Minister of Finance, Economic Planning and Development Joseph Mwanamvekha has bowed down to public pressure and announced withdraw of the proposed one percent withholding tax on non-bank mobile money transactions.
Mwanamvekha made the announcement in his 2019/20 Budget Debate winding up statement in Parliament in Lilongwe on Monday evening.
Several commentators argued that the proposed tax threatens the financial inclusion agenda as the cost of the service will likely rise.
During the debate of the budget, legislators also opposed to the tax.
Meanwhile, the withdraw of the tax comes in the wake of a legtter by TNM Plc Chief Executive Officer Michel Buitelaar to Finance Minister asking him to put aside the tax.
In a letter dated October 3, 2019 and leaked to Nyasa Times TNM has raised a number of concerns, chief among them being that the tax would stifle growth of mobile money and with it the economy as cost of mobile money would resultantly soar by 25 percent, making it unaffordable to majority of Malawians in the predominantly unbanked rural areas.
Buitelaar, who is chairman of TNM Mpamba Ltd–a 100% owned subsidiary of TNM Plc group– also said the tax contradicts the government’s government’s objective of deepening financial inclusion. Mobile money provides the real alternative to financial transaction through transfers for over 70 percent of Malawians who do not have a bank account.
“This tax will slow down Malawi’s economic development. This proposed tax’s contradiction to the government’s objective – to create financial inclusion – is regrettable. [It] is equally non-aligned with the vision and recommendations of international bodies such as the World Bank and the GSM Association. The Consumers Association of Malawi (CAMA) and several other voices in Malawian society do not support the tax either,” wrote Buitelaar.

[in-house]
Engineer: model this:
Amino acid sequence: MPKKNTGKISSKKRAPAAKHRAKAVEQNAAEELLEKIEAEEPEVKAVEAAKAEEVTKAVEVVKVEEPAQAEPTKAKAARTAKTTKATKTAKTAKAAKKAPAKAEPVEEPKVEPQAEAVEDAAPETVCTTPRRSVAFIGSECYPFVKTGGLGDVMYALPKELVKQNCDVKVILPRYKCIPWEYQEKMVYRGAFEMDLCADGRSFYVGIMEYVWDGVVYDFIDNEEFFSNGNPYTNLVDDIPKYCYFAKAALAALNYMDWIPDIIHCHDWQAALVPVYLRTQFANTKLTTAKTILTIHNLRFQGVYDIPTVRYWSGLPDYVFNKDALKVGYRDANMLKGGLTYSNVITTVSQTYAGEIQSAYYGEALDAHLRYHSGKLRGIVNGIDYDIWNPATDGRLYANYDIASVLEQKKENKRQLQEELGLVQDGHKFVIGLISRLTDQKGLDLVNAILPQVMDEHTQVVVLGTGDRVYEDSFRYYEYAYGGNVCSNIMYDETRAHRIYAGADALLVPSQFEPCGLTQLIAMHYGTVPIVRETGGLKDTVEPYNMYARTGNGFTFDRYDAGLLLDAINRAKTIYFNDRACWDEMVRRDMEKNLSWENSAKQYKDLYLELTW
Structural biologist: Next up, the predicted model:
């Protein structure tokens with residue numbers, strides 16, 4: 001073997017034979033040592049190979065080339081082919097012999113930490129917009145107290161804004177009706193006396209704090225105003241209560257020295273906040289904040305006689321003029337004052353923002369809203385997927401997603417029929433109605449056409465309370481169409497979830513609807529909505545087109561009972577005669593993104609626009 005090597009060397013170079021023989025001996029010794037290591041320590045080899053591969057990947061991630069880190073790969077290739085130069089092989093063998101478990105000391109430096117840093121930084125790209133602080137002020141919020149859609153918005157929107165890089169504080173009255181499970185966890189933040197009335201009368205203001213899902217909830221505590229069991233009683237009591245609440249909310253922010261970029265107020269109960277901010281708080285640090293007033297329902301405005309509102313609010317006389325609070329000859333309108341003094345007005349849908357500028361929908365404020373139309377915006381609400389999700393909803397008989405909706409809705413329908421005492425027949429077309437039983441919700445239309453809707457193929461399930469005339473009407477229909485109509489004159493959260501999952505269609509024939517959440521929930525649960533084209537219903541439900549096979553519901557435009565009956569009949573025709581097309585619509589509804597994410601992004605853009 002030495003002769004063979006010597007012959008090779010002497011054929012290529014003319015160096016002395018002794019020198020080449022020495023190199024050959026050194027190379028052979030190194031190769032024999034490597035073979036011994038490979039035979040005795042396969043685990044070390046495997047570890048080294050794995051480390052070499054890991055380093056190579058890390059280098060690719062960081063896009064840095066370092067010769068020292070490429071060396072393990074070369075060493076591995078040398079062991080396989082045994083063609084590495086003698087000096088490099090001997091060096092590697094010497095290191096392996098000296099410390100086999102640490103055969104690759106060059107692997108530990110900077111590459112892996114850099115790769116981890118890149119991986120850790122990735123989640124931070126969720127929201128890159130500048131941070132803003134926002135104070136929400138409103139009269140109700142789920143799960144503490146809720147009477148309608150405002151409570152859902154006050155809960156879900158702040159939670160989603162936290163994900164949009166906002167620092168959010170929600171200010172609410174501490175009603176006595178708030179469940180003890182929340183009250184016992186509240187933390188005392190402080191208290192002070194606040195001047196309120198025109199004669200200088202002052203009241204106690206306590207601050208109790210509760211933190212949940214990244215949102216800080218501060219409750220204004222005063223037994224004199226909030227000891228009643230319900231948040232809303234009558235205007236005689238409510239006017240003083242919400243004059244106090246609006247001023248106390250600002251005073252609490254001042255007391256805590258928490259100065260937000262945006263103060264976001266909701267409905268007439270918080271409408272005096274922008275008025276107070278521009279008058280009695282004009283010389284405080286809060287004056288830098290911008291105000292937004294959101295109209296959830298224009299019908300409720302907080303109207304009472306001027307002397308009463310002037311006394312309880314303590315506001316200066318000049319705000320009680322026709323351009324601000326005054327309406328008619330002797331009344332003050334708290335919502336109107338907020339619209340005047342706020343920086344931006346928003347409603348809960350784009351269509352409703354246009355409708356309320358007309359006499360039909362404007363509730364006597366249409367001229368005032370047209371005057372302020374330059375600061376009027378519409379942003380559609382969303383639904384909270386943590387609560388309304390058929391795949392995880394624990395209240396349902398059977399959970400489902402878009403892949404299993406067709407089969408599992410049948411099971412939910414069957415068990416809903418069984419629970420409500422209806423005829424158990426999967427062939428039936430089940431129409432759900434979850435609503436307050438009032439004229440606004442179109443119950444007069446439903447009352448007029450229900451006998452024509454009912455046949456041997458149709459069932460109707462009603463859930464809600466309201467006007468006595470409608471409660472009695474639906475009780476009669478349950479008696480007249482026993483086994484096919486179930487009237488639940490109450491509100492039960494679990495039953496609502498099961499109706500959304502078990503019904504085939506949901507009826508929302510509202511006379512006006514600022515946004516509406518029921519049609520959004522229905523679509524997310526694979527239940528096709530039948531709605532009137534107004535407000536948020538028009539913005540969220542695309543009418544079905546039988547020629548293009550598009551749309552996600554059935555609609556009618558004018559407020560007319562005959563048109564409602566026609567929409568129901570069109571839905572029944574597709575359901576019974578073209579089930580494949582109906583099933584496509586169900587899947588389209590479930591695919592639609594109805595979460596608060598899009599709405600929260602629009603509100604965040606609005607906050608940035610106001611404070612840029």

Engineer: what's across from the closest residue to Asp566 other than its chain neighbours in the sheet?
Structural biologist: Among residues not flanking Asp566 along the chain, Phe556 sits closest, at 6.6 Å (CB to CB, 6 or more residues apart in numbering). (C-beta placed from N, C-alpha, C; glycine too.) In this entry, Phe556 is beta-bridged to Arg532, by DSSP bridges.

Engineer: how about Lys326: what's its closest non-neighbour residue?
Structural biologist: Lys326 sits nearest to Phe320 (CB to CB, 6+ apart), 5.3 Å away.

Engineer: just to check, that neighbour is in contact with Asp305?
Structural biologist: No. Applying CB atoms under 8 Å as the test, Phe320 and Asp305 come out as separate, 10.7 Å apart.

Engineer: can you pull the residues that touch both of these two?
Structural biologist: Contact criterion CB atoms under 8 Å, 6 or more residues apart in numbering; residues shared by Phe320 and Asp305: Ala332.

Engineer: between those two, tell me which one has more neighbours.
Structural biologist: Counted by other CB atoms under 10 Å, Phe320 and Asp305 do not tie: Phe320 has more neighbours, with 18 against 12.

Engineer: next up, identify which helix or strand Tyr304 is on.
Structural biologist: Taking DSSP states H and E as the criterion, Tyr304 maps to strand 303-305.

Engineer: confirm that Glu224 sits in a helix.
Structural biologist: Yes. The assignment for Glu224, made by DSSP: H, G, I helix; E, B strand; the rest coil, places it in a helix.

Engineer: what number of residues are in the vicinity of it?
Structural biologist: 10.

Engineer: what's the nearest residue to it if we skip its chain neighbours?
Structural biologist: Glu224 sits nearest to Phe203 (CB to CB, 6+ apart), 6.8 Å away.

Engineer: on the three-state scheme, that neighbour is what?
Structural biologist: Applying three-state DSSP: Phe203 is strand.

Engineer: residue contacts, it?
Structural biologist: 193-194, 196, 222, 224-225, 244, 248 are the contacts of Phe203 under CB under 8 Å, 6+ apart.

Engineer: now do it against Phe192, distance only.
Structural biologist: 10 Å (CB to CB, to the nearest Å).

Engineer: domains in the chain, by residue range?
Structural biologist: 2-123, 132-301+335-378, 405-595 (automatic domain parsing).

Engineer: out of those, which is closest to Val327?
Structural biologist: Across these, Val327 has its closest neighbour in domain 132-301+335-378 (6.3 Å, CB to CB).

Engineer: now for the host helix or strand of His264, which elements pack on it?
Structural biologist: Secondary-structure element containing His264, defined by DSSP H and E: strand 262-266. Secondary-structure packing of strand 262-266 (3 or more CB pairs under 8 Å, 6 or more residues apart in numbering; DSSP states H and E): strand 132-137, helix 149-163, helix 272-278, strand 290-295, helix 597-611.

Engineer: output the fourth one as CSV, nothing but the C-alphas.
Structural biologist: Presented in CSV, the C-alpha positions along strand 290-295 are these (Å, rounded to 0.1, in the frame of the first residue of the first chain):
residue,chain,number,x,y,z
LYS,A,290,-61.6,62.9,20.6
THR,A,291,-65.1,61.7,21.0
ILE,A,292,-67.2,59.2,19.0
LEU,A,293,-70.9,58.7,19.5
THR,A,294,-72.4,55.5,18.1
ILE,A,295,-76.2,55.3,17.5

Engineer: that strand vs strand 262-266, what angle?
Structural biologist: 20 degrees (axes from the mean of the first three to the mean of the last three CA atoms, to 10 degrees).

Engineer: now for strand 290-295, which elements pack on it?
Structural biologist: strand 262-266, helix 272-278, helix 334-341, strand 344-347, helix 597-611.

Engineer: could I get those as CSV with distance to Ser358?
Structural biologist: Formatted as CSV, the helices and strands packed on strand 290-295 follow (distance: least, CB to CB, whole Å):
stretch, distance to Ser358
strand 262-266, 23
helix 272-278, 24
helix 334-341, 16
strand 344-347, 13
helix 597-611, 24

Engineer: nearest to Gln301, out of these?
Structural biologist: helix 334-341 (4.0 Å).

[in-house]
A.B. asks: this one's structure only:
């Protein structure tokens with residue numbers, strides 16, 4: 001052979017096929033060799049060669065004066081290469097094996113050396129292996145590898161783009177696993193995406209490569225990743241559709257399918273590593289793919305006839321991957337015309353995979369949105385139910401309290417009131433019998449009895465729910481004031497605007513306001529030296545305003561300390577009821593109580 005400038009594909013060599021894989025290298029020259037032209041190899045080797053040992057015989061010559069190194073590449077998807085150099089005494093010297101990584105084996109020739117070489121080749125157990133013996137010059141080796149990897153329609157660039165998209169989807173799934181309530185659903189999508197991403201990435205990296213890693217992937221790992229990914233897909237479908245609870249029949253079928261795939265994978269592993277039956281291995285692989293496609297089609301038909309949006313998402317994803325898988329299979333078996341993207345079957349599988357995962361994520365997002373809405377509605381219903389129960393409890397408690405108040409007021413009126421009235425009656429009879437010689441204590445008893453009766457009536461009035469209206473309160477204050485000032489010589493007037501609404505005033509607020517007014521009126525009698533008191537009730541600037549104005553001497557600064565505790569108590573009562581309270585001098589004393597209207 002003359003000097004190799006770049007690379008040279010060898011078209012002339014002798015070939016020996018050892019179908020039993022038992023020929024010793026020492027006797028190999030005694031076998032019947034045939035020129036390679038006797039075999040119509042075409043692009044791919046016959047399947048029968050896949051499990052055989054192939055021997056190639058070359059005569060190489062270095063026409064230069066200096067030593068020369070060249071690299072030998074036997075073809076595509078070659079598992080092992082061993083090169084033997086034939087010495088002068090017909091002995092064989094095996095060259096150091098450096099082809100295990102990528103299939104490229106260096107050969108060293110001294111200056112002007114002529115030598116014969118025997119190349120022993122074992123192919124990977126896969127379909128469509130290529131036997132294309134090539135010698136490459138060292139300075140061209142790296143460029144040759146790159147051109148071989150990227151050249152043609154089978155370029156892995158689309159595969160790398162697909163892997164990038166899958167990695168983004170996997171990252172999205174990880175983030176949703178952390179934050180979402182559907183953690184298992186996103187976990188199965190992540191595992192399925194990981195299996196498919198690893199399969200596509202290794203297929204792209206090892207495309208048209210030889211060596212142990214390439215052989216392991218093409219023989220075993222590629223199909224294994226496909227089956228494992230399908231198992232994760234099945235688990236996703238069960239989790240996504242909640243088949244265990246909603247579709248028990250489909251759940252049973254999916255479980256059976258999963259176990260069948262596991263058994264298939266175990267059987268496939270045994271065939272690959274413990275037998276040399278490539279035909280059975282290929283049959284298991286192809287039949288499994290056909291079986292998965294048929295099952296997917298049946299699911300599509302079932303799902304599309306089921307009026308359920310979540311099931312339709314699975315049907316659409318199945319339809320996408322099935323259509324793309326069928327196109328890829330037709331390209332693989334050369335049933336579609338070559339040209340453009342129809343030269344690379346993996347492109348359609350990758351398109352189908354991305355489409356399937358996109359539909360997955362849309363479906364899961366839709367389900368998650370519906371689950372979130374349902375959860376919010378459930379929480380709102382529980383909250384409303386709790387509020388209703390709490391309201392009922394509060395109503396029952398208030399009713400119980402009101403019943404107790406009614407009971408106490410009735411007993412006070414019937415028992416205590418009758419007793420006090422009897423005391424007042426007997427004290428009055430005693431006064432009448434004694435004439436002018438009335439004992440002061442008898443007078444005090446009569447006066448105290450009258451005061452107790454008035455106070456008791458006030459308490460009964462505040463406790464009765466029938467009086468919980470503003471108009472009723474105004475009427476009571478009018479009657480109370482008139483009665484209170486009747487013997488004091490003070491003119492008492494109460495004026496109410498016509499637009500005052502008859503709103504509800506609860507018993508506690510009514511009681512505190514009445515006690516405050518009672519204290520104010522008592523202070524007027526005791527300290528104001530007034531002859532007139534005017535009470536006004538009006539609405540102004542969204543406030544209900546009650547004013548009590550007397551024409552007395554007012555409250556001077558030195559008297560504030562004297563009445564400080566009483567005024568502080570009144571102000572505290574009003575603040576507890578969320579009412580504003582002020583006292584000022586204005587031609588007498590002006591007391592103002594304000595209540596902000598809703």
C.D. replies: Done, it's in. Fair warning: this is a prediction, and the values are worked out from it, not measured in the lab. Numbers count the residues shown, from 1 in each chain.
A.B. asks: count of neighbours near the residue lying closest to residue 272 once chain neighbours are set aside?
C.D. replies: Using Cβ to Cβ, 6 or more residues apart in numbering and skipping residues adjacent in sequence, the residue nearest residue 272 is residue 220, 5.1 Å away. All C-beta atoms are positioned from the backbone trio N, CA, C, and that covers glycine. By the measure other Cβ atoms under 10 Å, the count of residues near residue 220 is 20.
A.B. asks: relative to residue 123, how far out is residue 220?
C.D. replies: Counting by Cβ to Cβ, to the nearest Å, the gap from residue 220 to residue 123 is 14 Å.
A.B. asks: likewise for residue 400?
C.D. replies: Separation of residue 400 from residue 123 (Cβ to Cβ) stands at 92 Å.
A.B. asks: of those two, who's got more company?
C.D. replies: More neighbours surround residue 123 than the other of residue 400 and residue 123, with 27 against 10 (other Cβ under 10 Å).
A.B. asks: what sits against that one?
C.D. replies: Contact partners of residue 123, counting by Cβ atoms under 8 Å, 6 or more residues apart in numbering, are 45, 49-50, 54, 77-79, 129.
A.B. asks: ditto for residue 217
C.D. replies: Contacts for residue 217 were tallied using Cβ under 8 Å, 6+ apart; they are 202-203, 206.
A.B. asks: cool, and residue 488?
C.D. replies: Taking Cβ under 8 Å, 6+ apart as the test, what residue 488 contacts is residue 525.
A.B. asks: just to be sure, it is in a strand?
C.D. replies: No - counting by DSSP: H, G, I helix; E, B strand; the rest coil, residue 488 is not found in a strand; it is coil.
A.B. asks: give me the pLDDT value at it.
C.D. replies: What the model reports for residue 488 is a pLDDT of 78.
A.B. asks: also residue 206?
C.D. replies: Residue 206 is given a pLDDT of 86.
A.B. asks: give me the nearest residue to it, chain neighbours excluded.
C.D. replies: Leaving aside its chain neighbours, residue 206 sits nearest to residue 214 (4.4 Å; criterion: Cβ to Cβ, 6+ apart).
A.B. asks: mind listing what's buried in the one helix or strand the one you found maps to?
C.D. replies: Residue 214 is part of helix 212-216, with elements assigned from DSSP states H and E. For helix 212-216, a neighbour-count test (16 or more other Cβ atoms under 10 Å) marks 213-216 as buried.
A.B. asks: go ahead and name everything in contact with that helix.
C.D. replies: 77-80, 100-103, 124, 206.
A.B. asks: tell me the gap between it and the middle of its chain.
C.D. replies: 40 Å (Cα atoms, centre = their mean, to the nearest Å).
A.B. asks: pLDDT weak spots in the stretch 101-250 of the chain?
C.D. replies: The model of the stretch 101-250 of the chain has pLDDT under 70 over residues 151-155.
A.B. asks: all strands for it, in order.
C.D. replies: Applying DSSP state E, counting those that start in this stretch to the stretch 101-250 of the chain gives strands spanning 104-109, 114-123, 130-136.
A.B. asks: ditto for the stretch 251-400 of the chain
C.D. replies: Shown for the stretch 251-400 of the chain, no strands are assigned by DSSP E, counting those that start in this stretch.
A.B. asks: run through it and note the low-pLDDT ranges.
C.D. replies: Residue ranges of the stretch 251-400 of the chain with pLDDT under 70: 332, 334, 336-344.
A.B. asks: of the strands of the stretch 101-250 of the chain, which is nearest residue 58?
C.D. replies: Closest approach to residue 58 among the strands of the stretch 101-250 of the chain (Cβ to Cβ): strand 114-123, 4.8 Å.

He said mobile money usage remained far below 50 percent and wondered why government had decided to curtail its growth by imposing a tax without thorough consultation with operators and other key stakeholders.
Buitelaar also warned of severe consequences to the economy as a result of the tax such as curtailing potential growth in revenue collection by government and increasing financial crimes through fraud.
To highlight why the 1 % tax would be a burden and punitive, Buitelaar said the mobile communications sector was already subjected to taxes that are considerably higher than for other sectors of the economy.
“We experience excise tax, withholding tax on commissions, income tax, PAYE, TEVET levy, and VAT. In 2018, TNM contributed 29% of its sales in different forms of tax, to central and local governments, as well as to MACRA. This amounted to MK 34 billion. In 2018, Mpamba contributed more than MK 200 million to corporate social investments,” he said.
The CEO said Malawi would become a pariah as most other African countries do not have such tax on mobile money or have had it removed. “Where such taxes were introduced, they were removed shortly after introduction, or severely reduced,” he said.
Several quarters, including the Consumers Association of Malawi (CAMA) are against the proposed mobile money tax.